Maryland APA

The Maryland Chapter of the American Planning Association

Welcome to the Maryland Chapter of the American Planning Association's Website. Our mission is to make great communities happen in Maryland by offering continuing professional development and other valuable services to our members that will enable them to excel in their practice. We advocate for excellence in planning, promoting education and citizen empowerment, and providing our members with the tools and support necessary to meet the challenges of growth and change. We hold a bi-annual conference, produce a quarterly newsletter, offer continuous opportunities to network, and experience new and varied educational opportunities across the state.


35th Annual MPCA Conference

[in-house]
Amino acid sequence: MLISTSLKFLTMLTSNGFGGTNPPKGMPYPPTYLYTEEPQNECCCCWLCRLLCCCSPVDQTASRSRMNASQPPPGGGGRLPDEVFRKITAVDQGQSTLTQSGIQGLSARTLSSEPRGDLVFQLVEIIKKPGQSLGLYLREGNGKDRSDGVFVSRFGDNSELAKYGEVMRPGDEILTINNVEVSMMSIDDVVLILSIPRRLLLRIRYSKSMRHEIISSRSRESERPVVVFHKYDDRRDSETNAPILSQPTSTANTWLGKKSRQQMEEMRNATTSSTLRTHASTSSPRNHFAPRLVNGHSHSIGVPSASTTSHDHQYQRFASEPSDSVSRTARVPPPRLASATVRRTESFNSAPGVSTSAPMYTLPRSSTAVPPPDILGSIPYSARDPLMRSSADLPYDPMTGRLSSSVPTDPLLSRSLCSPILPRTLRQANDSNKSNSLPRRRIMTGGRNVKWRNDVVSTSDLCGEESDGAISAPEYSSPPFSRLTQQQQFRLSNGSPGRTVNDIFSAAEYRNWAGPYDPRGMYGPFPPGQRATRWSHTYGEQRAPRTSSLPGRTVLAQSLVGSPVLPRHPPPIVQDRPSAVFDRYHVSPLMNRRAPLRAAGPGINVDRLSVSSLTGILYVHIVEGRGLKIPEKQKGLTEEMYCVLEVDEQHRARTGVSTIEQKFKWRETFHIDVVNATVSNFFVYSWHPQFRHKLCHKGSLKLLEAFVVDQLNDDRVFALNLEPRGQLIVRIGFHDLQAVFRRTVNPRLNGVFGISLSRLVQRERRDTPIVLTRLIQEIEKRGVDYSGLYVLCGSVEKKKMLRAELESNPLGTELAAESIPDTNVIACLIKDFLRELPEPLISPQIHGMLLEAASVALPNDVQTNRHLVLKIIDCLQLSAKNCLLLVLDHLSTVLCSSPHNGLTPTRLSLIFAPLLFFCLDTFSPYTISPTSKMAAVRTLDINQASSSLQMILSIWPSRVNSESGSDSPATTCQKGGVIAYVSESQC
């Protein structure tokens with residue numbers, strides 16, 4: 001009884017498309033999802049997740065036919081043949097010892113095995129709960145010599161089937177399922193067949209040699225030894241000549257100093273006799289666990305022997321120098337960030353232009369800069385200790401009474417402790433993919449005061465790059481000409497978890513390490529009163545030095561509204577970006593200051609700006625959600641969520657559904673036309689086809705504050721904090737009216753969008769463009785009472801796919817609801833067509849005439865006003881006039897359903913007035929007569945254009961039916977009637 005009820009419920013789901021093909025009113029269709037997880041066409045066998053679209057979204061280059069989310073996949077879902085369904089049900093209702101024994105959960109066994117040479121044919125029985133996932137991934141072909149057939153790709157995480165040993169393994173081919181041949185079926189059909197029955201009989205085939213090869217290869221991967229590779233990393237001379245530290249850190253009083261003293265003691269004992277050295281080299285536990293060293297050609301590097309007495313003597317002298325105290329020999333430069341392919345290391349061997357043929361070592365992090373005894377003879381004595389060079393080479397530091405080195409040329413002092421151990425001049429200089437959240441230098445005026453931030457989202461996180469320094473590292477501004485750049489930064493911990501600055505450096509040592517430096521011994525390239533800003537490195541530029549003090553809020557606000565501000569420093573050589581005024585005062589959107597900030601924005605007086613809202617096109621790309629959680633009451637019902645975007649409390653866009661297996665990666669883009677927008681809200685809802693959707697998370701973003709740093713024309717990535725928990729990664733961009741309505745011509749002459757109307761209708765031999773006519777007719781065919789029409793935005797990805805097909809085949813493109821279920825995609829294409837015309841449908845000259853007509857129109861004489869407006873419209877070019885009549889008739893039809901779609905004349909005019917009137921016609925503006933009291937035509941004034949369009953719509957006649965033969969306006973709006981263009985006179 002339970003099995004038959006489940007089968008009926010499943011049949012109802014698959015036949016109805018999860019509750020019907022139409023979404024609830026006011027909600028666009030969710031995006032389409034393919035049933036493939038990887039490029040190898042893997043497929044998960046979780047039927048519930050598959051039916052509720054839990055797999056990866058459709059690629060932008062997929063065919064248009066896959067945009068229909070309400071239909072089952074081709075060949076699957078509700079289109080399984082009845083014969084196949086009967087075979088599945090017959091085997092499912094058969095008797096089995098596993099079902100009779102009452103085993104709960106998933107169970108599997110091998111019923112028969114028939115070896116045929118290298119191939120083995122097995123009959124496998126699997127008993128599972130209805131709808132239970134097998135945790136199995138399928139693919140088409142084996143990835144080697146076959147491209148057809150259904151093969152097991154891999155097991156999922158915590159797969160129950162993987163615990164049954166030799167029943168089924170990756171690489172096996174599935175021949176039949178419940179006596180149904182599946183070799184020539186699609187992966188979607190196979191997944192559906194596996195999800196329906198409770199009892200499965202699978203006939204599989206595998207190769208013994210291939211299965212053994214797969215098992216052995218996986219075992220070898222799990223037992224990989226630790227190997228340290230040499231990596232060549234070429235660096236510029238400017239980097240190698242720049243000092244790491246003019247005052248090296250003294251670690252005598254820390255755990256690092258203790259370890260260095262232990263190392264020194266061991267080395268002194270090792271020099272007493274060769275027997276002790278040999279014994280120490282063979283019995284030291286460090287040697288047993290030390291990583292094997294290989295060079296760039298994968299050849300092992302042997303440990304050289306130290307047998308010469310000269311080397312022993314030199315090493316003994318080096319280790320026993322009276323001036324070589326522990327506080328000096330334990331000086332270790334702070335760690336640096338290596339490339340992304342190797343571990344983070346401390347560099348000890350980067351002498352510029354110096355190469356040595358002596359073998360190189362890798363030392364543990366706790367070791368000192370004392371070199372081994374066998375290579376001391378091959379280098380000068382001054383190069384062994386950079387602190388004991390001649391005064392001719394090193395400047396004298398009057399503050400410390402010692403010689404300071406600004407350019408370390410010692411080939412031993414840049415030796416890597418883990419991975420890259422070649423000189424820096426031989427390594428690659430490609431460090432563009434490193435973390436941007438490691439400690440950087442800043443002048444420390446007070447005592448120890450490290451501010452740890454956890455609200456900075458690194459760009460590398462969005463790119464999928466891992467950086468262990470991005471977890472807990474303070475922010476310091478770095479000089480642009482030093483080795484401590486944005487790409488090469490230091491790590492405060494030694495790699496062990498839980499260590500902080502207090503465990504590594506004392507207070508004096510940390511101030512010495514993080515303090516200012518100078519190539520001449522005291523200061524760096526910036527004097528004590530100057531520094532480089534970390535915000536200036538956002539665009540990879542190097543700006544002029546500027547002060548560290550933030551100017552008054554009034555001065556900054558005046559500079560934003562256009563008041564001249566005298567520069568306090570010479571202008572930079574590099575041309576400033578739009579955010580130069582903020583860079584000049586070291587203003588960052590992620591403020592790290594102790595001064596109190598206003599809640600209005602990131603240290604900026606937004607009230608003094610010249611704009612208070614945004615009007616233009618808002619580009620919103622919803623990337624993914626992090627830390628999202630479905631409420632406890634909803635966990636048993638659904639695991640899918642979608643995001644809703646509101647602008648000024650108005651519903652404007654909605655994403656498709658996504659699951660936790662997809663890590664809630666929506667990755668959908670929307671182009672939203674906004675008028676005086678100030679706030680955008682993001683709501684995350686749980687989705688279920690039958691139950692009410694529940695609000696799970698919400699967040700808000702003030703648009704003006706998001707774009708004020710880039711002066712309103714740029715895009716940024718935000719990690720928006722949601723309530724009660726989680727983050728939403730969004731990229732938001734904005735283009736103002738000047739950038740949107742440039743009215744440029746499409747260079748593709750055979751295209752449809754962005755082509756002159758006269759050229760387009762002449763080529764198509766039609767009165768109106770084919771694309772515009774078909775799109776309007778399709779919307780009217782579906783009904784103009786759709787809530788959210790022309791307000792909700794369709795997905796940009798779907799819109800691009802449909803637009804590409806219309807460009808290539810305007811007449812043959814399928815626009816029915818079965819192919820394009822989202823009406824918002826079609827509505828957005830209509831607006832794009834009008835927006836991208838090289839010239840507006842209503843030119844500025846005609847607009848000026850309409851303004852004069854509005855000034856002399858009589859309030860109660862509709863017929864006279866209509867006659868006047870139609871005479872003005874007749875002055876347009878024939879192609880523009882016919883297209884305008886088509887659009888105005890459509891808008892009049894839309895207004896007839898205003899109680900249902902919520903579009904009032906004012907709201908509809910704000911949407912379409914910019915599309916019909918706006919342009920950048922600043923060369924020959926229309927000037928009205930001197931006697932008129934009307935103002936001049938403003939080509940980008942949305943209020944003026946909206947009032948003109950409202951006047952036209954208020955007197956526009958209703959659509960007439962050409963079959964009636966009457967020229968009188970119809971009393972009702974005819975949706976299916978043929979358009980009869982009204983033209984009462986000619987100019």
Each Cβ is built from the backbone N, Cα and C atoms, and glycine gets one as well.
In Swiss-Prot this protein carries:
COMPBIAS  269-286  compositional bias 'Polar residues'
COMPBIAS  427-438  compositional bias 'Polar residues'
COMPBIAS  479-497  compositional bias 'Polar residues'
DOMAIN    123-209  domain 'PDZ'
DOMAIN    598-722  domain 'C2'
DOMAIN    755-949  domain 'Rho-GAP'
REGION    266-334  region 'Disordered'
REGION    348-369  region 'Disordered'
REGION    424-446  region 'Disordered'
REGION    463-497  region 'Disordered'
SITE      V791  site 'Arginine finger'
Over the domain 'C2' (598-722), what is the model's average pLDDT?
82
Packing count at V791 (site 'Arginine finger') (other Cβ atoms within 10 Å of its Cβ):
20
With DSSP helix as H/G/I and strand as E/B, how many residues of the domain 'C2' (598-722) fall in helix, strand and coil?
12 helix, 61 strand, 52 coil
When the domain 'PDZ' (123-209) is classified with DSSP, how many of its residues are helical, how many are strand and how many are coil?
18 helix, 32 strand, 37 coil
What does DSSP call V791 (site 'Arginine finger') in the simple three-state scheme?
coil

Joseph Griffiths
Local Assistance and Training Manager
Maryland Department of Planning

The Maryland Planning Commissioners Association Conference is Coming to Gaithersburg this Fall.

Where is a Planning Commissioner or a member of a Board of Zoning Appeals member to go when seeking training and guidance on this critical issue? A great place to start is the Planning Commissioner Training Course, created following the Smart and Sustainable Growth Act of 2009. The course, available both online and in person at the Maryland Municipal League (MML), Maryland Association of Counties (MACo), and Maryland Planning Commissioners Association (MPCA) conferences (as well as on demand for interested jurisdictions), contains modules on Planning 101, Comprehensive Planning, and Smart Growth in Maryland.  It is an excellent first step, but what about the citizen planner who wants to take the next step? This is where the MPCA offers help.